LEED in Hyper-Drive with Certified Living Building

LEED in Hyper-Drive with Certified Living Building

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LEED in Hyper-Drive with Certified Living Building Next time you are driving around Salt Lake City, take a moment to pay attention to the architecture in Park City or any of SLC's other outlying communities. Chances are you will see at least a few buildings originally intended to meet LEED standards when first constructed. Some of those buildings do indeed meet the standards while others never quite got there despite the best efforts of architects and engineers. Achieving LEED certification is not easy. For the record, it is more difficult with commercial structures than residential due to the intense energy requirements of commercial enterprises. But the challenge of building an LEED-certified structure is not stopping architects like us or our engineering team from pursuing the goal. And in some cases, we are going even further by pursuing what are known as 'certified living buildings.' The Certified Living Building standard is incredibly difficult to achieve. What is it? It is a standard described by the Sacramento Bee ĂƐ ͞> ƚŝŵĞƐ ϭϬ͘͟ dŚĞŝƌ ĚĞƐĐƌŝƉƚŝŽŶ ǁĂƐ ƉĂƌƚ ŽĨ Ă ƌĞĐĞŶƚ ƌĞƉŽƌƚ ŝŶǀŽůǀŝŶŐ ĂŶ ĂƌĐŚŝƚĞĐƚƵƌĞ Ĩŝƌŵ ƚŚĂƚ recently purchased an old warehouse in the city with visions of creating the area's first Certified Living Building, which will eventually become the company's Sacramento headquarters. The History of LEED The LEED standard dates back to 1994 and a desire among members of the U.S.

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Published 16 May 2016
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LEED in Hyper-Drive with Certified Living Building Next time you are driving around Salt Lake City, take a moment to pay attention to the architecture in Park City or any of SLC's other outlying communities. Chances are you will see at least a few buildings originally intended to meet LEED standards when first constructed. Some of those buildings do indeed meet the standards while others never quite got there despite the best efforts of architects and engineers. Achieving LEED certification is not easy. For the record, it is more difficult with commercial structures than residential due to the intense energy requirements of commercial enterprises. But the challenge of building an LEED-certified structure is not stopping architects like us or our engineering team from pursuing the goal. And in some cases, we are going even further by pursuing what are known as 'certified living buildings.' The Certified Living Building standard is incredibly difficult to achieve. What is it? It is a standard described by the Sacramento Beeas ͞LEED tiŵes ϭϬ.͟ Their descriptioŶ ǁas part of a receŶt report iŶǀolǀiŶg aŶ architecture firŵ that recently purchased an old warehouse in the city with visions of creating the area's first Certified Living Building, which will eventually become the company's Sacramento headquarters.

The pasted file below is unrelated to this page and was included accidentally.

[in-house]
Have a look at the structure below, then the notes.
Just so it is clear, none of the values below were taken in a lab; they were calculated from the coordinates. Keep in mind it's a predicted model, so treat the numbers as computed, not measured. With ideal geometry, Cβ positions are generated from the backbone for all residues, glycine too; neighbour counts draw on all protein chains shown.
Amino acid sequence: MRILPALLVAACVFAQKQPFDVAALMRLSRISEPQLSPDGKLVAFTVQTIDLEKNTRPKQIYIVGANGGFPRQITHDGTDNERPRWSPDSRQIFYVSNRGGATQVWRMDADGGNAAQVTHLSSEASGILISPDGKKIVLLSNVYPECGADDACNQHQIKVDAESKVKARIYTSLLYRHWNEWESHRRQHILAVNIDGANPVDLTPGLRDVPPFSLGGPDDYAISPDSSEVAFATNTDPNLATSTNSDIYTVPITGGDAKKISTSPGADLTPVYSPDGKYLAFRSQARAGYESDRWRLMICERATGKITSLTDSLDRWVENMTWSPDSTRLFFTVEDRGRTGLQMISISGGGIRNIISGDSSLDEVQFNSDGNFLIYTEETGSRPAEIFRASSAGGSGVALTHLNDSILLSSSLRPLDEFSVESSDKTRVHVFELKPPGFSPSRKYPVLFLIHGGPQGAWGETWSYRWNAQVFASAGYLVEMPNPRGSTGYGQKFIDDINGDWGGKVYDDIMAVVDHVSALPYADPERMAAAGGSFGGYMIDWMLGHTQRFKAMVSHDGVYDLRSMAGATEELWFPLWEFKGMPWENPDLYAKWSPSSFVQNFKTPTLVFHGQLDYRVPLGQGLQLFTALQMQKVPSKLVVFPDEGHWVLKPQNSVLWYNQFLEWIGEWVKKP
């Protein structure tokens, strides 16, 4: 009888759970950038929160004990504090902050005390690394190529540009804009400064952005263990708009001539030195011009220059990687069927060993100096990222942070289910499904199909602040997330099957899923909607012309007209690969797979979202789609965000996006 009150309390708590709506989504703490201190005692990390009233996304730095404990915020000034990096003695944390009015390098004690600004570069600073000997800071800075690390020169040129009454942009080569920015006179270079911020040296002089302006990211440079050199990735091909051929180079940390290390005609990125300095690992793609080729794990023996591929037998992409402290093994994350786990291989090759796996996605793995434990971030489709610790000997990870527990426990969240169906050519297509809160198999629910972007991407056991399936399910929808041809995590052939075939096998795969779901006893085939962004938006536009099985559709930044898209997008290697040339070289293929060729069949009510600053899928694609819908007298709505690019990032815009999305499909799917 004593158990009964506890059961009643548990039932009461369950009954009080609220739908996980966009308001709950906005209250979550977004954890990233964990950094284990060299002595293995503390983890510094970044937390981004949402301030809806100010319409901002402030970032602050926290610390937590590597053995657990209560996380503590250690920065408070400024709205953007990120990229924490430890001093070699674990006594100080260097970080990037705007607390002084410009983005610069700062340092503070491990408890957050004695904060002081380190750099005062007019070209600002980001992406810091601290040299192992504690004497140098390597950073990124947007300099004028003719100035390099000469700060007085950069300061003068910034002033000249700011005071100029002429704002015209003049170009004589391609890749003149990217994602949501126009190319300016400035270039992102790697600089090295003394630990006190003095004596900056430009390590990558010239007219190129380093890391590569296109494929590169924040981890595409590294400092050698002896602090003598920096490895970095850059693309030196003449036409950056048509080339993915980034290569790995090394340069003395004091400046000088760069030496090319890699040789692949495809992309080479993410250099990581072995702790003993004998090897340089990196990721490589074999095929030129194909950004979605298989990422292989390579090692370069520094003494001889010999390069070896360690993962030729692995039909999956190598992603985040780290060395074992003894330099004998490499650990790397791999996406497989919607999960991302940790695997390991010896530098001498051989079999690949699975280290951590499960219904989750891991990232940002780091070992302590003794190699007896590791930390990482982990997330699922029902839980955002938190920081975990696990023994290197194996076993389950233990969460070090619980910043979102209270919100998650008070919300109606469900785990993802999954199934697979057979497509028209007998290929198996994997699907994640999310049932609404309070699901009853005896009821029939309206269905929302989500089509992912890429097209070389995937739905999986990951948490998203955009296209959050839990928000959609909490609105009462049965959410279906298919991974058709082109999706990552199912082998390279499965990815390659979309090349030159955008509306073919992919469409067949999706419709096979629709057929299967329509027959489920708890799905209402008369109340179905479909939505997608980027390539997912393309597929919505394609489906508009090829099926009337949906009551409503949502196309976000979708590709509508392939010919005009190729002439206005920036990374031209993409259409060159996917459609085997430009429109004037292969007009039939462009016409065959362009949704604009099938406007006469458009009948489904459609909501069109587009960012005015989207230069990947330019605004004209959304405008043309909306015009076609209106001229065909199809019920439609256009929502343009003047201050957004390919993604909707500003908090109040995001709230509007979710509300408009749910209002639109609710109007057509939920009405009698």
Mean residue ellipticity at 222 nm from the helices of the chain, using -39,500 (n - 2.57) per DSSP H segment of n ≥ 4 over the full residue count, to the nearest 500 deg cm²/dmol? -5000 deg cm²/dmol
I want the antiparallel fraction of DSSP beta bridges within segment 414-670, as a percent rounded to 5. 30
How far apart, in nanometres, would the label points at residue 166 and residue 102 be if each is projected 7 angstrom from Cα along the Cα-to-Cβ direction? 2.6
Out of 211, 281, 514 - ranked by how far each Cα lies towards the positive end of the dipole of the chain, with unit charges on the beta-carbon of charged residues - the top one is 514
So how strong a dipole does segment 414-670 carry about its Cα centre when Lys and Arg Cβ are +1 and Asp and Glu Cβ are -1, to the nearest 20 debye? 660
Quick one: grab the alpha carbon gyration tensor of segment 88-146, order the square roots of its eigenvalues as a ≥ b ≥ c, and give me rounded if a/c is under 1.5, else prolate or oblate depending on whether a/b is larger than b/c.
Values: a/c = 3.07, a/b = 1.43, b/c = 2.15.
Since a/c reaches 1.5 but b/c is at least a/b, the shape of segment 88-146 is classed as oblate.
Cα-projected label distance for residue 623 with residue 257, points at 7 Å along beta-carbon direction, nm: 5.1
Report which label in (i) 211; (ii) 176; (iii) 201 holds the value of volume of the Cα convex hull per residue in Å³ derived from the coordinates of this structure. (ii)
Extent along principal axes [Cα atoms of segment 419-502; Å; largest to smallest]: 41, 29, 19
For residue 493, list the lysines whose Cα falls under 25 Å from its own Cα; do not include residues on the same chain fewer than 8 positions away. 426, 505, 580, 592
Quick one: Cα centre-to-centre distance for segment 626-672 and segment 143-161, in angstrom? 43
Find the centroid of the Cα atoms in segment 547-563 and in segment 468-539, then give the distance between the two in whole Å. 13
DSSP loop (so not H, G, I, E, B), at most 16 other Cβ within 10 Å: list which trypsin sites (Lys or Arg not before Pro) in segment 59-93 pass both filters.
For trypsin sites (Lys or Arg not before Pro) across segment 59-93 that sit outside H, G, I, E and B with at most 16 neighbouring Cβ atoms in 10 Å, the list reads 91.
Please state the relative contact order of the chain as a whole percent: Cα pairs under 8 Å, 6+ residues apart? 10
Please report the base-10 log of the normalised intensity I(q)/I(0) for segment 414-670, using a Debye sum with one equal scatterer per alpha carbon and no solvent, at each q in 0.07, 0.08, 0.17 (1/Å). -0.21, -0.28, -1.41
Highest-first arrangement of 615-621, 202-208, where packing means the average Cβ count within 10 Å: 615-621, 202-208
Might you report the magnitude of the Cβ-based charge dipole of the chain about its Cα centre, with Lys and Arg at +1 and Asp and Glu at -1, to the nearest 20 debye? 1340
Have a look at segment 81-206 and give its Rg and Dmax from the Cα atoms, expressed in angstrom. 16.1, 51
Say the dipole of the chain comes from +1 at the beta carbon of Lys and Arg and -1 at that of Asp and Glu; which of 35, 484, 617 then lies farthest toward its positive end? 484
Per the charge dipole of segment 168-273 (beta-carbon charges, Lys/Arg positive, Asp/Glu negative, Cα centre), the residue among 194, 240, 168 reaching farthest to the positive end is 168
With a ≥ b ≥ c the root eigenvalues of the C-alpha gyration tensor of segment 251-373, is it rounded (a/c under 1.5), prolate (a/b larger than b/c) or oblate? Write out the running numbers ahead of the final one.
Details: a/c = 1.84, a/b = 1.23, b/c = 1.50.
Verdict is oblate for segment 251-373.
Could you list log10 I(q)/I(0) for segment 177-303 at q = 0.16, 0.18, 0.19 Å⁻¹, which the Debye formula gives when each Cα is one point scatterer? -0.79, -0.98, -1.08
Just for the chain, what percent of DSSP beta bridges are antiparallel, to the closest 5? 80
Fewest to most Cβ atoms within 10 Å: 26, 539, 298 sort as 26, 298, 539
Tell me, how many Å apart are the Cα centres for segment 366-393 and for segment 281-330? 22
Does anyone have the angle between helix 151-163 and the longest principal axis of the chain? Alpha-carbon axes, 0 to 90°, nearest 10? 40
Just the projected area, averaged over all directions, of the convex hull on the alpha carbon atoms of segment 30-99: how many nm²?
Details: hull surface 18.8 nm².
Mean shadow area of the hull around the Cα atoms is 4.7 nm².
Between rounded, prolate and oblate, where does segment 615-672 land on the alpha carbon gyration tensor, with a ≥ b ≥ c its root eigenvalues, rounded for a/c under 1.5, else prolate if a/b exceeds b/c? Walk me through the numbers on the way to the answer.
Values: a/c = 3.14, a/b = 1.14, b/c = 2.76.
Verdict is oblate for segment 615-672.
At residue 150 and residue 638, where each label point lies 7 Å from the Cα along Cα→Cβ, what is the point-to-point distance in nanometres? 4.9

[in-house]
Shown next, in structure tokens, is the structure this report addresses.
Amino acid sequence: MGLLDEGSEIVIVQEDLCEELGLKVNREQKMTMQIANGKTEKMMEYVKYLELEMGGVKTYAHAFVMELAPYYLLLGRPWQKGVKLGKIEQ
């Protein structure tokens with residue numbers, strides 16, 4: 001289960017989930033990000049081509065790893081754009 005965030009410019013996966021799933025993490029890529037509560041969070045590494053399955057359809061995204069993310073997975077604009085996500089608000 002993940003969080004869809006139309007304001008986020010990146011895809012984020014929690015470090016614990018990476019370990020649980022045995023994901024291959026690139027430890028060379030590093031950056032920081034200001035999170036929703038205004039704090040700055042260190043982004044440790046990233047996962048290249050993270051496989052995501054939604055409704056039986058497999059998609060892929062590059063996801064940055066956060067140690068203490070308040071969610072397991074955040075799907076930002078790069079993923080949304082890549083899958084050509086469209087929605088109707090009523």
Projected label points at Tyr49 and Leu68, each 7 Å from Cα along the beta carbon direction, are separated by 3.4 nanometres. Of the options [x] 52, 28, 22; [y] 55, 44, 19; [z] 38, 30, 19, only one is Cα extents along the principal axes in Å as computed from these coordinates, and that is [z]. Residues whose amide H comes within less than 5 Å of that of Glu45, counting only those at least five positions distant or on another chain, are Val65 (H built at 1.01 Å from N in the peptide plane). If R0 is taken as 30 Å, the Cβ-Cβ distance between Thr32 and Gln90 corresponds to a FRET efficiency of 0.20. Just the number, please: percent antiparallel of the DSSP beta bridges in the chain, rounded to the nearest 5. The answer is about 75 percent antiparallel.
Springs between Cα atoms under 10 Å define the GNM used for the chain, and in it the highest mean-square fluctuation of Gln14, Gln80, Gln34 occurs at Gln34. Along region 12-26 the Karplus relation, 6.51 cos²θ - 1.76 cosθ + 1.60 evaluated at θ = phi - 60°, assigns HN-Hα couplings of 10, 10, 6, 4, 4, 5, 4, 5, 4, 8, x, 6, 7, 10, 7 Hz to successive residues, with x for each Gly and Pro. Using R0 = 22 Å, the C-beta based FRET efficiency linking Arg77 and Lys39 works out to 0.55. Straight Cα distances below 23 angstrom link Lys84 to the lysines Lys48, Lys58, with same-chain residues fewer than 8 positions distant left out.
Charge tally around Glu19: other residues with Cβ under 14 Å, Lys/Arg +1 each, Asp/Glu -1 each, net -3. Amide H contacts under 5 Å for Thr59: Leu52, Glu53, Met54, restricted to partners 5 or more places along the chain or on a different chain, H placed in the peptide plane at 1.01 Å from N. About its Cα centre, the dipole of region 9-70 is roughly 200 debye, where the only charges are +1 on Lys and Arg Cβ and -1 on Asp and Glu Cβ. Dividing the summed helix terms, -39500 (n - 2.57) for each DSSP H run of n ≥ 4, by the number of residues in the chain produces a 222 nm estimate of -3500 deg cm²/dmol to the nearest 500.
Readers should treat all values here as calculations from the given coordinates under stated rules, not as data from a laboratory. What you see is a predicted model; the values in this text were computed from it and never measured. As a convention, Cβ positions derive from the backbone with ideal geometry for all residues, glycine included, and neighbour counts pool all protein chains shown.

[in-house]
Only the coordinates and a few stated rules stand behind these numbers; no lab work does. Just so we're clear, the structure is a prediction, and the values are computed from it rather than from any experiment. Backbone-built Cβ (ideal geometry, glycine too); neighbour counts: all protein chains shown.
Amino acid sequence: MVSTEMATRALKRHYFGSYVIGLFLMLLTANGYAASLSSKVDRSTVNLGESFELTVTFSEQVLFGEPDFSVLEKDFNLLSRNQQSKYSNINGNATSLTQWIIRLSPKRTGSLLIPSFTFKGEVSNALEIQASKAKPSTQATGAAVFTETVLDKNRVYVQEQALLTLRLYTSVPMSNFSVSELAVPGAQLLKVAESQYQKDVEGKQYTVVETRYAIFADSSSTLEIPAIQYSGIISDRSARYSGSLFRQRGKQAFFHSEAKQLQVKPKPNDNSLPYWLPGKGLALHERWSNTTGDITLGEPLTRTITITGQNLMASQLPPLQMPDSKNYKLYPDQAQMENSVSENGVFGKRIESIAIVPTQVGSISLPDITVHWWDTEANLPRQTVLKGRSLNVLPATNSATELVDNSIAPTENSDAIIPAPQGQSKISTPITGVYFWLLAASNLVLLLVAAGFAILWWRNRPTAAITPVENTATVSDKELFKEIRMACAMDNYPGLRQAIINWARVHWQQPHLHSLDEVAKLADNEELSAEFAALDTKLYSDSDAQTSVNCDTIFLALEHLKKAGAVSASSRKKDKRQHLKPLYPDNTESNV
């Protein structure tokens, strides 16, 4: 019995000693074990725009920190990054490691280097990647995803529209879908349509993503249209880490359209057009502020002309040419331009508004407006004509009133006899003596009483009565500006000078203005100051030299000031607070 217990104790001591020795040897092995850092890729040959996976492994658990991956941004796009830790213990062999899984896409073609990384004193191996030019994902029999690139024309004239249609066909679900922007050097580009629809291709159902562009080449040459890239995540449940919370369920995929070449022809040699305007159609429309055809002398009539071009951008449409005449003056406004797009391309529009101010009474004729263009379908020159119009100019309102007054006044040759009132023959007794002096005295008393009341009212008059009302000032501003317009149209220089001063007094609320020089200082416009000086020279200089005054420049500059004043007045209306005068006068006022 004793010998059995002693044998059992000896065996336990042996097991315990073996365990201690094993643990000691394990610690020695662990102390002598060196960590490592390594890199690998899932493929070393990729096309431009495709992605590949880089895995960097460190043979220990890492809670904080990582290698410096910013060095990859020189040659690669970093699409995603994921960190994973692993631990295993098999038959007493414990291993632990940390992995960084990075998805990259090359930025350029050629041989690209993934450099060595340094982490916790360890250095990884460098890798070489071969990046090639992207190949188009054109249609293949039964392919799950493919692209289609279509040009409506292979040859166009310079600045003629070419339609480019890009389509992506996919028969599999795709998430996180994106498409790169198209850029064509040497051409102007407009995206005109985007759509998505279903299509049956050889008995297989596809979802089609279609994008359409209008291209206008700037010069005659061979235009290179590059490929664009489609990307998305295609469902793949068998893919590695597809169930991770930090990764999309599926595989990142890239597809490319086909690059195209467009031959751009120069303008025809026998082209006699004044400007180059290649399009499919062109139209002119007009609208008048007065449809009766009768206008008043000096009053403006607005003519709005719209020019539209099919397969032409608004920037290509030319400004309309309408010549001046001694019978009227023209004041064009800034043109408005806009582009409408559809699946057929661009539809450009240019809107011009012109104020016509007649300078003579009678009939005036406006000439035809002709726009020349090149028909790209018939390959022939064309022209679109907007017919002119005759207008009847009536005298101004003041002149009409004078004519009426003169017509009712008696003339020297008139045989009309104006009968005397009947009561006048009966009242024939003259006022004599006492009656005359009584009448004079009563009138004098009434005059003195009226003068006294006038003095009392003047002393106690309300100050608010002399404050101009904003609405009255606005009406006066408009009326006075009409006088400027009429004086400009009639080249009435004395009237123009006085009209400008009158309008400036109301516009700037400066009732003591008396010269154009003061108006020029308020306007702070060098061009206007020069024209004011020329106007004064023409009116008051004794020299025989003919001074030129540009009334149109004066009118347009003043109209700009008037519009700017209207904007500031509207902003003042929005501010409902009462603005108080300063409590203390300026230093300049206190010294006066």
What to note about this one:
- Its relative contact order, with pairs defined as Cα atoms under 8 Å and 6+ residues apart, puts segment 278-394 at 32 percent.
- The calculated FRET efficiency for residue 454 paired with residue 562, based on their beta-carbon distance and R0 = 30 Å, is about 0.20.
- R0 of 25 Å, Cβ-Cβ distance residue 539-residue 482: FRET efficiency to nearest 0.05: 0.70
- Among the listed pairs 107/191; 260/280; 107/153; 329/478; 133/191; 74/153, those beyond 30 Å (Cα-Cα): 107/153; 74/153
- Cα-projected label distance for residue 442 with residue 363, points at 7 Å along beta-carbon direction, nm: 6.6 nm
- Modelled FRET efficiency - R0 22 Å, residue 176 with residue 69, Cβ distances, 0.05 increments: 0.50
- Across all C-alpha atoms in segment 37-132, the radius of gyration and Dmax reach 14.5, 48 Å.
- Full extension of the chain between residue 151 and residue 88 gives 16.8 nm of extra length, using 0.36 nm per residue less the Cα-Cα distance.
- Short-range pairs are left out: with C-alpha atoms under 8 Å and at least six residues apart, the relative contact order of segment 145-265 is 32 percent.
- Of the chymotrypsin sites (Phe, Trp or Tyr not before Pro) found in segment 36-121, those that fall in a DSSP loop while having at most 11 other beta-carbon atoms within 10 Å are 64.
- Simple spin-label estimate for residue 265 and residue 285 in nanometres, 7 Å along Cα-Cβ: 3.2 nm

The History of LEEDThe LEED standard dates back to 1994 and a desire among members of the U.S. Green Building Council to promote new standards of building design and construction that would maximize energy efficiency. From its inception through the end of 2015, LEED standards have gone through multiple changes that go well above and beyond the council's original vision. What started as a single standard for residential construction has morphed into multiple sets of standards that are interrelated and cover nearly every aspect of both residential and commercial construction. www.SparanoMooney.com
LEED's primary purpose was, and still is, to encourage sustainability by maximizing efficiency and use of energy resources. It covers everything from building insulation to heating and cooling to making occupancy work in a building's favor rather than against it. Yet there is one deficiency in the standards that the developers of the Certified Living Building are seeking to overcome: LEED standards are mostly about external power consumption and preservation. The Certified Living Building standard seeks to eliminate external energy sources as much as possible. For example, the project cited by theSacramento Beeenvisions a new kind of building that will, among other things: generate 105% of its energy needs through solar technology collect rainwater to eliminate the need for municipal service recycle gray water from showers and sinks collect toilet waste to be recycled as compost on the property. As you might expect, building according to the Certified Living Building standard is extremely costly. TheSacramento Beereports that construction of the local building will likely cost twice as much as standard construction. Meeting the standards of the certification program are so tough that only eight other buildings in the world have done so to date. Unfortunately, construction costs related to both LEED and the Certified Living Building standards make it difficult to convince building owners to go the green route. It can be hard for them to see the long-term financial benefits of doing so when they are spending so much money upfront to build. Here atSparano + Mooney Architects, we are committed tosustainable designa core of our business. Whether as working on commercial architecture in Park City, a civic building in Los Angeles or a new residential project in downtown Salt Lake, we want our structures to be as environmentally friendly as possible. A Certified Living Building is certain to be in our future. Sources: 1.Sacramento Beehttp://www.sacbee.com/news/business/biz-columns-blogs/bob-shallit/article52343780.html
www.SparanoMooney.com